Isn’t it amazing how the Lord mysteriously and graciously confronts us? Last week I poured myself into preparing a sermon on Pontius Pilate who was nothing if he wasn’t complacent. Pilate’s complacency led him to make the decision to crucify Jesus. He was, from a Roman perspective, the principle reason for Jesus’ crucifixion. Because of his complacency, he lacked courage. He wouldn’t stand for the righteous one in the face of unrighteous, even evil, opposition. We have a lot to learn from him because complacency characterizes our lives as well. And, it takes courage to live as committed Christians today.
A.W Tozer wrote, “One of the greatest foes of the Christian is religious complacency…Orthodox Christianity has fallen to its present low estate from lack of spiritual desire. Among the many who profess the Christian faith, scarcely one in a thousand reveals any passionate thirst for God.” So, we ended our worship time with a call to faith and repentance. As I left worship, I was convicted, but also satisfied because I thought I had preached what God had called me to preach. And, I still think that. But, I am not sure I understood the depth to which God would go to confront the sin of complacency in my life. Enter Mrs. S.
Mrs. S. came into my office on Monday morning. She was confused, broken, perplexed. She truly fit Paul’s description of himself in 2 Corinthians 4 — “afflicted in every way, but not crushed; perplexed, but not driven to despair…struck down, but not destroyed.” Her daughter had given birth to a still born child and then fell off the delivery table and suffered a life-altering brain trauma. Now, her daughter had been moved to the hospice house to await her untimely death. Mrs. S. was confused, but her faith remained strong. As we talked, I discerned that she was a member of another church, but her church wouldn’t assist her, her husband, nor their daughter. We prayed. We shared in the hope of Christ. And then the Lord burdened me for this woman and her daughter — a burden that I knew was coming — “Go to pray with the family and care for this young lady as I have cared for you.”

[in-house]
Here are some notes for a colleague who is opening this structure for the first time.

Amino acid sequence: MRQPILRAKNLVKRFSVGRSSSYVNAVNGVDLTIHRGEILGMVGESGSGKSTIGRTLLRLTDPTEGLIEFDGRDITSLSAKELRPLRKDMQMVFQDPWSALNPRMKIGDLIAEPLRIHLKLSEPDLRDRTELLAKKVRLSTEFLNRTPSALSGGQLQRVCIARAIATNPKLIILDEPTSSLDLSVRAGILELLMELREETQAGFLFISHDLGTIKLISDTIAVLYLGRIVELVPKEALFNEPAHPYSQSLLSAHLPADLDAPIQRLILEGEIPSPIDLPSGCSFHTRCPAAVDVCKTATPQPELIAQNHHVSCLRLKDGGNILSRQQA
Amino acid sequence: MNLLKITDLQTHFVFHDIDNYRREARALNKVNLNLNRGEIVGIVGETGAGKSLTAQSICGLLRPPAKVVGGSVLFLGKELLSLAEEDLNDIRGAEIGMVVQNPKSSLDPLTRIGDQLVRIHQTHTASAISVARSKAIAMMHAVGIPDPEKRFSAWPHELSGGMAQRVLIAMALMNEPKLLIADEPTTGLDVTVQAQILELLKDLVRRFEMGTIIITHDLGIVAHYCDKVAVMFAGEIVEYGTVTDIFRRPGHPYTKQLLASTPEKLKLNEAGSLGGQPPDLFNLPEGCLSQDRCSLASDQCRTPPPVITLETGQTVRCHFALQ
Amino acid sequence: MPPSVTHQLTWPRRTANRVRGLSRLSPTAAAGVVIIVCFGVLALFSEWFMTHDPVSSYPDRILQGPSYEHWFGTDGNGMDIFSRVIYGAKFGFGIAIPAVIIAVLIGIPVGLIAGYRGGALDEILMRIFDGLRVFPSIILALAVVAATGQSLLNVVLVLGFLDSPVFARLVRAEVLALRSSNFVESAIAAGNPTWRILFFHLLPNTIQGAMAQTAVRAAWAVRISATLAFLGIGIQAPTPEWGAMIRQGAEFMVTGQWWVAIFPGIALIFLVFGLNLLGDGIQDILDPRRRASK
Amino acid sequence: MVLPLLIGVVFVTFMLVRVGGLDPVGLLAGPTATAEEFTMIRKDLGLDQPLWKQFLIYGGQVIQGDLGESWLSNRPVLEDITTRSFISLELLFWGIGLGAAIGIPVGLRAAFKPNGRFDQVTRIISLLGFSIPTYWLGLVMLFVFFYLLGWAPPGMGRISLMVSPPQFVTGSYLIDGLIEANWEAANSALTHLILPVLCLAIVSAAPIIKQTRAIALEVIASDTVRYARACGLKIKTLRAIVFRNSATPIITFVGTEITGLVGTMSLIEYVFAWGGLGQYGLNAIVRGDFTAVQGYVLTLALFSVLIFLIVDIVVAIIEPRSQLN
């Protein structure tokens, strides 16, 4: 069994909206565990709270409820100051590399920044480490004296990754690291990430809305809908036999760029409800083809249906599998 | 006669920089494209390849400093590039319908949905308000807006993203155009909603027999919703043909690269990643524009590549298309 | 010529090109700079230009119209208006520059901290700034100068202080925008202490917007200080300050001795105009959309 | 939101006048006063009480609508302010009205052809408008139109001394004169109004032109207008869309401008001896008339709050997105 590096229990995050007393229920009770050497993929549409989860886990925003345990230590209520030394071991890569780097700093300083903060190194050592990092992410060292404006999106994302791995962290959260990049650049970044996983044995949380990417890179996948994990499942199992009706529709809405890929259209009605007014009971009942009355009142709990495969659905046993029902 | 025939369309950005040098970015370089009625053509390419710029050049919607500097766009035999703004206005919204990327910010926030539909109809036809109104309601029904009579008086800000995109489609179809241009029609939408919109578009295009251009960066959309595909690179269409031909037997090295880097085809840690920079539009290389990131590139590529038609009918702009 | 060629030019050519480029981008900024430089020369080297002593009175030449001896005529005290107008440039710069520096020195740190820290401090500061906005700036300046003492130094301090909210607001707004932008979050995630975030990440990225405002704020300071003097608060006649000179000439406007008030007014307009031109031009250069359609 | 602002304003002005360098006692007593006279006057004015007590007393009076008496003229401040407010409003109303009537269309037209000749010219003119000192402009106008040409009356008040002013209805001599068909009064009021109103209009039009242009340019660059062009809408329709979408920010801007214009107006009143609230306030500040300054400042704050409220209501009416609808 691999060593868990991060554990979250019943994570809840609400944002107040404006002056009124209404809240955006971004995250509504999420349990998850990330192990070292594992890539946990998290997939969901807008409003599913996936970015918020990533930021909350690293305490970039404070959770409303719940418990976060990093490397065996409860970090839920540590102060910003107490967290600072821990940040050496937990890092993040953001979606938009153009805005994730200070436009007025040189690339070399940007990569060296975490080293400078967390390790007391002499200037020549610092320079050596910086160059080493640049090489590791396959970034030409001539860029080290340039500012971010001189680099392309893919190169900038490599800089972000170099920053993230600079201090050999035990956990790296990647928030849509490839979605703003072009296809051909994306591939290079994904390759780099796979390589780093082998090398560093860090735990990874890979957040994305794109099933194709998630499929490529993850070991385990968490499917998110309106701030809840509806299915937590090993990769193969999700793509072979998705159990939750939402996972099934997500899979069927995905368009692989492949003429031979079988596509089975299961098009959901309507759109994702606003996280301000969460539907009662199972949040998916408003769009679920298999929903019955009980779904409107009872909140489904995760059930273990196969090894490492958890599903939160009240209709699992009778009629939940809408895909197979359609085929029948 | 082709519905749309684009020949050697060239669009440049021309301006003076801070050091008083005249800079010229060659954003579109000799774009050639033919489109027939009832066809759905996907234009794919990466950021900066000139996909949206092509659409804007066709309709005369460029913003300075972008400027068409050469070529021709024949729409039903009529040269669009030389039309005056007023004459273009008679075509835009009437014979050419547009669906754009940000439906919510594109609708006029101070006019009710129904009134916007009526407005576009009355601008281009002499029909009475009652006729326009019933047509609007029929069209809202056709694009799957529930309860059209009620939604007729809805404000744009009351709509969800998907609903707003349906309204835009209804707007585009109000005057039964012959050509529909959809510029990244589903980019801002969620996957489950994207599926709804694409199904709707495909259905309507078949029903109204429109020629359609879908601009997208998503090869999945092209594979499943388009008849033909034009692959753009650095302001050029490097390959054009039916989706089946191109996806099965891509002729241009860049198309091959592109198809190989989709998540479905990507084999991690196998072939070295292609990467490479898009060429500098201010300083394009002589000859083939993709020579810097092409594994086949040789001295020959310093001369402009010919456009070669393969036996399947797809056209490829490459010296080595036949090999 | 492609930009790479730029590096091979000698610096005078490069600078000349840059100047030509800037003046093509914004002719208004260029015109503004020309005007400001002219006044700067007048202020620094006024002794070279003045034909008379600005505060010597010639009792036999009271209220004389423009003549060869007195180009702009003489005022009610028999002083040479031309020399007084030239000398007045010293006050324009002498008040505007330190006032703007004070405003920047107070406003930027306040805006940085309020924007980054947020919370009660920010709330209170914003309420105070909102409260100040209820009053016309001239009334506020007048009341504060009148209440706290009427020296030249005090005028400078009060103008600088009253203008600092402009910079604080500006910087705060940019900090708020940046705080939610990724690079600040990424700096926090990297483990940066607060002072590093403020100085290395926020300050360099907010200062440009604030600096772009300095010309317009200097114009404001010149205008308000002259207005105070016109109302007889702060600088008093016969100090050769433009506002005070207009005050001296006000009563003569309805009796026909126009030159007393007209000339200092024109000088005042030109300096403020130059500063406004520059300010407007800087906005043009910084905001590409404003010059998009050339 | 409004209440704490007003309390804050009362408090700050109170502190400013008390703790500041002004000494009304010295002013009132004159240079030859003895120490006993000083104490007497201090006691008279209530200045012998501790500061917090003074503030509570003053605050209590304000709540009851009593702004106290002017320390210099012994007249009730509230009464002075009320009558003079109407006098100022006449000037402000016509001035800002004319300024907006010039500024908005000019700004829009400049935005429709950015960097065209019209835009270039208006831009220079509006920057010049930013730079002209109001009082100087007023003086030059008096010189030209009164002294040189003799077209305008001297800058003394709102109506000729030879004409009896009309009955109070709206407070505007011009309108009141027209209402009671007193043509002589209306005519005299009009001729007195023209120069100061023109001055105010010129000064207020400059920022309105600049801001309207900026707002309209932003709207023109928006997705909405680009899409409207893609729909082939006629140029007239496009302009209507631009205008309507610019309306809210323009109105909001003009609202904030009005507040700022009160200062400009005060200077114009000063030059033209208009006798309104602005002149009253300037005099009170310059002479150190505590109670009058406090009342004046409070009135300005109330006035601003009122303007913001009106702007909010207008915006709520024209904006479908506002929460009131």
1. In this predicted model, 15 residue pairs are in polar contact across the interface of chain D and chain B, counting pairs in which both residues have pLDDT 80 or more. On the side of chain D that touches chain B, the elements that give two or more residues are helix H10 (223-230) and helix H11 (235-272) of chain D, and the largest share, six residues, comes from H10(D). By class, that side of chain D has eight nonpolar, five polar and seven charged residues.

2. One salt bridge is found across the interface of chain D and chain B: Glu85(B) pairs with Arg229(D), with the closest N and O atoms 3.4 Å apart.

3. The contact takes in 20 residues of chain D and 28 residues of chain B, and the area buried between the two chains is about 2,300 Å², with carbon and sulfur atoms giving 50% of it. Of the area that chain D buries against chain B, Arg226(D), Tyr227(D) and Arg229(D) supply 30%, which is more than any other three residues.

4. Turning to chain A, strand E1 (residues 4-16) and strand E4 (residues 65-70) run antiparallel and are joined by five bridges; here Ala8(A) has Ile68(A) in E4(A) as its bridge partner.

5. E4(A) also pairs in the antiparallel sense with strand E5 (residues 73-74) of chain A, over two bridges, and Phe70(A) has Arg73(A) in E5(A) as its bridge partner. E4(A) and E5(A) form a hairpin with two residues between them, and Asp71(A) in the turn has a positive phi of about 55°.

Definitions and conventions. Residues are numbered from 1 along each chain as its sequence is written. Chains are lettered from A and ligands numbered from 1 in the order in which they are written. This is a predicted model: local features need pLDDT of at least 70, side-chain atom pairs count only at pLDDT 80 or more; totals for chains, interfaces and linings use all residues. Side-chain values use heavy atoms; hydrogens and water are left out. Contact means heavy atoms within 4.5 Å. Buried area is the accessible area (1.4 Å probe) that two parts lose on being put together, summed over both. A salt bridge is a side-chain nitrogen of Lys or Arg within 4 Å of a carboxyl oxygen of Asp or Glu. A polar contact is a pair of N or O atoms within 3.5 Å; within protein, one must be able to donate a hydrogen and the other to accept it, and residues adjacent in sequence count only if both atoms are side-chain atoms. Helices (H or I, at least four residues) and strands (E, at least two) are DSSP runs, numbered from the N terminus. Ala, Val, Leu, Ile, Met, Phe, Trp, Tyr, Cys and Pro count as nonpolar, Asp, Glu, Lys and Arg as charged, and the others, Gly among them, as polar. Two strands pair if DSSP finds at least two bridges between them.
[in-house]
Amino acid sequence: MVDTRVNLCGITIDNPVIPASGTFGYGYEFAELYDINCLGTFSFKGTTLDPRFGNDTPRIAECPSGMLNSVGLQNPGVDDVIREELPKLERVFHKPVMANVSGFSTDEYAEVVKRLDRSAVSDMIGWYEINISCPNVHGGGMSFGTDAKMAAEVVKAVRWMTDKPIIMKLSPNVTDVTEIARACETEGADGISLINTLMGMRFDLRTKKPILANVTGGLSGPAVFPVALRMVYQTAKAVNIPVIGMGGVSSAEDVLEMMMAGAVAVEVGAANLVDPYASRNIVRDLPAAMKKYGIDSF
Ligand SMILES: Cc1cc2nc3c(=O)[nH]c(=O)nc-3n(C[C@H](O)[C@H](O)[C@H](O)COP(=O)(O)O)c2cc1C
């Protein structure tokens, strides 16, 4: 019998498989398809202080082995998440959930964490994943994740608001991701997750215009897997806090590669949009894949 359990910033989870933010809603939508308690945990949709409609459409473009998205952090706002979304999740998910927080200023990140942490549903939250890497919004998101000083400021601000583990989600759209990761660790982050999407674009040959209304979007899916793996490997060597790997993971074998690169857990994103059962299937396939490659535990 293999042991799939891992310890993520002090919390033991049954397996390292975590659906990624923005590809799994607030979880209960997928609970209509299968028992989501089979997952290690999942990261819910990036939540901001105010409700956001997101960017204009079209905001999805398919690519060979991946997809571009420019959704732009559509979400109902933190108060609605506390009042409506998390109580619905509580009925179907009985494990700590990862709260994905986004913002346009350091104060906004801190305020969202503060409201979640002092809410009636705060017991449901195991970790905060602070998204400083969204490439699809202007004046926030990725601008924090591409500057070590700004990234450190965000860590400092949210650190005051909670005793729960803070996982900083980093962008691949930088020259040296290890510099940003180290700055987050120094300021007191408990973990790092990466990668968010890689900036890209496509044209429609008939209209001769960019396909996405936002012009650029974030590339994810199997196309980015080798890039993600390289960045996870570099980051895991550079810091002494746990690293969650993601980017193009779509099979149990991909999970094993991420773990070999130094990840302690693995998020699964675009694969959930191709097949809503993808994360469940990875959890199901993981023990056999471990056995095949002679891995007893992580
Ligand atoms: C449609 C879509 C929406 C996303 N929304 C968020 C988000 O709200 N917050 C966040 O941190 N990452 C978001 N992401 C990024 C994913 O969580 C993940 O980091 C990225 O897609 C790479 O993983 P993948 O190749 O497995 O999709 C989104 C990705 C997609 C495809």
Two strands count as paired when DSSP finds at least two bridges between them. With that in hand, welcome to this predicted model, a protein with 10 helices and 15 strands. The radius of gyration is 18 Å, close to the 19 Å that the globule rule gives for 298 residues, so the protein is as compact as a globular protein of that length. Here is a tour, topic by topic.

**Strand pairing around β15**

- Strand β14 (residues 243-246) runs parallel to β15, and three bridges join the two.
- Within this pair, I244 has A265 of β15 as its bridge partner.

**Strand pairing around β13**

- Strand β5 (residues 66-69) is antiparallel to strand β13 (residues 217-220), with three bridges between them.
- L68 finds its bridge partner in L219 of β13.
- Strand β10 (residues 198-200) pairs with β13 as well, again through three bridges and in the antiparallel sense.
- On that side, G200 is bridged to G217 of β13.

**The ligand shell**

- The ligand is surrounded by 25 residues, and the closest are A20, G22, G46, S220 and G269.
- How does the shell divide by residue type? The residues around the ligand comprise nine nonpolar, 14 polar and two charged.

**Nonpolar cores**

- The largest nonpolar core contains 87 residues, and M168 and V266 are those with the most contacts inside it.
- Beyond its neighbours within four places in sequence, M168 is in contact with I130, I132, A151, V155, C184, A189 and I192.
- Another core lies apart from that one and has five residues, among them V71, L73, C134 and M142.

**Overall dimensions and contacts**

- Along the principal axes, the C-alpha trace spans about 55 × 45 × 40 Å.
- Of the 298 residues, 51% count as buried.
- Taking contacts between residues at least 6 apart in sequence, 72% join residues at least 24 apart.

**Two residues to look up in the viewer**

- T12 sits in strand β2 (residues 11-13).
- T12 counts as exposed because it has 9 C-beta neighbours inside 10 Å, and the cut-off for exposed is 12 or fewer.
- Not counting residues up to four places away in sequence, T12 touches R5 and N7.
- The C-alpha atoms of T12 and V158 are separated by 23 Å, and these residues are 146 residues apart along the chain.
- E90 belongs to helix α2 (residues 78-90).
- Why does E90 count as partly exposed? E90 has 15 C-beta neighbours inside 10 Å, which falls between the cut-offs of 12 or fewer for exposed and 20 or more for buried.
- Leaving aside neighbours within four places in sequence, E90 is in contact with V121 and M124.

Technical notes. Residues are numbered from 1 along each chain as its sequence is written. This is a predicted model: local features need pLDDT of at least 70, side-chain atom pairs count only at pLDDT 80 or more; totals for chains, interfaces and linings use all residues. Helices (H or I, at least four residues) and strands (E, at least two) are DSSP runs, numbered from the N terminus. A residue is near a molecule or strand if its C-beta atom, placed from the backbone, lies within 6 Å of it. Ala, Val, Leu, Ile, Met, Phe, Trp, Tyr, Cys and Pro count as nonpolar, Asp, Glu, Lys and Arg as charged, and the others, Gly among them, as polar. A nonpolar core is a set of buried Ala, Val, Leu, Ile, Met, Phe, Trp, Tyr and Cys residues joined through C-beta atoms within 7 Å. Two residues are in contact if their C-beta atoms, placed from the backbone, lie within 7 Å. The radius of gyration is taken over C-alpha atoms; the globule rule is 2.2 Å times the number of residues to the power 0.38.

My mind is full of uncertainty and even fear — “I have never met Mrs. S. before. I don’t know her, and I surely don’t know her daughter. They are members of another church. Is the daughter a believer in Christ? What will the scene be when I get to the hospice house?How will an African-American family respond to me?” But, the Lord’s call is sure. “Go.” I need courage. My complacency seeks to find an excuse, but the Lord says, “Go. I will give you the strength.” And so, I go. I’m afraid and uncertain, but he supplies the strength I need to be courageous. “God, supply my every need.”
I often tell people, “Be careful what you pray for because you might just get it.” I guess I should learn, “Be careful what you preach for the Lord might just confront you with it.”
What a blessing you have been to this distraught family. Only in Christ are barriers of color, education, politics, and religion completely removed. The more we remember the pit from which we have been rescued by the grace of God the more we will be able to embrace every situation.
I love the way God put your sermon into practice!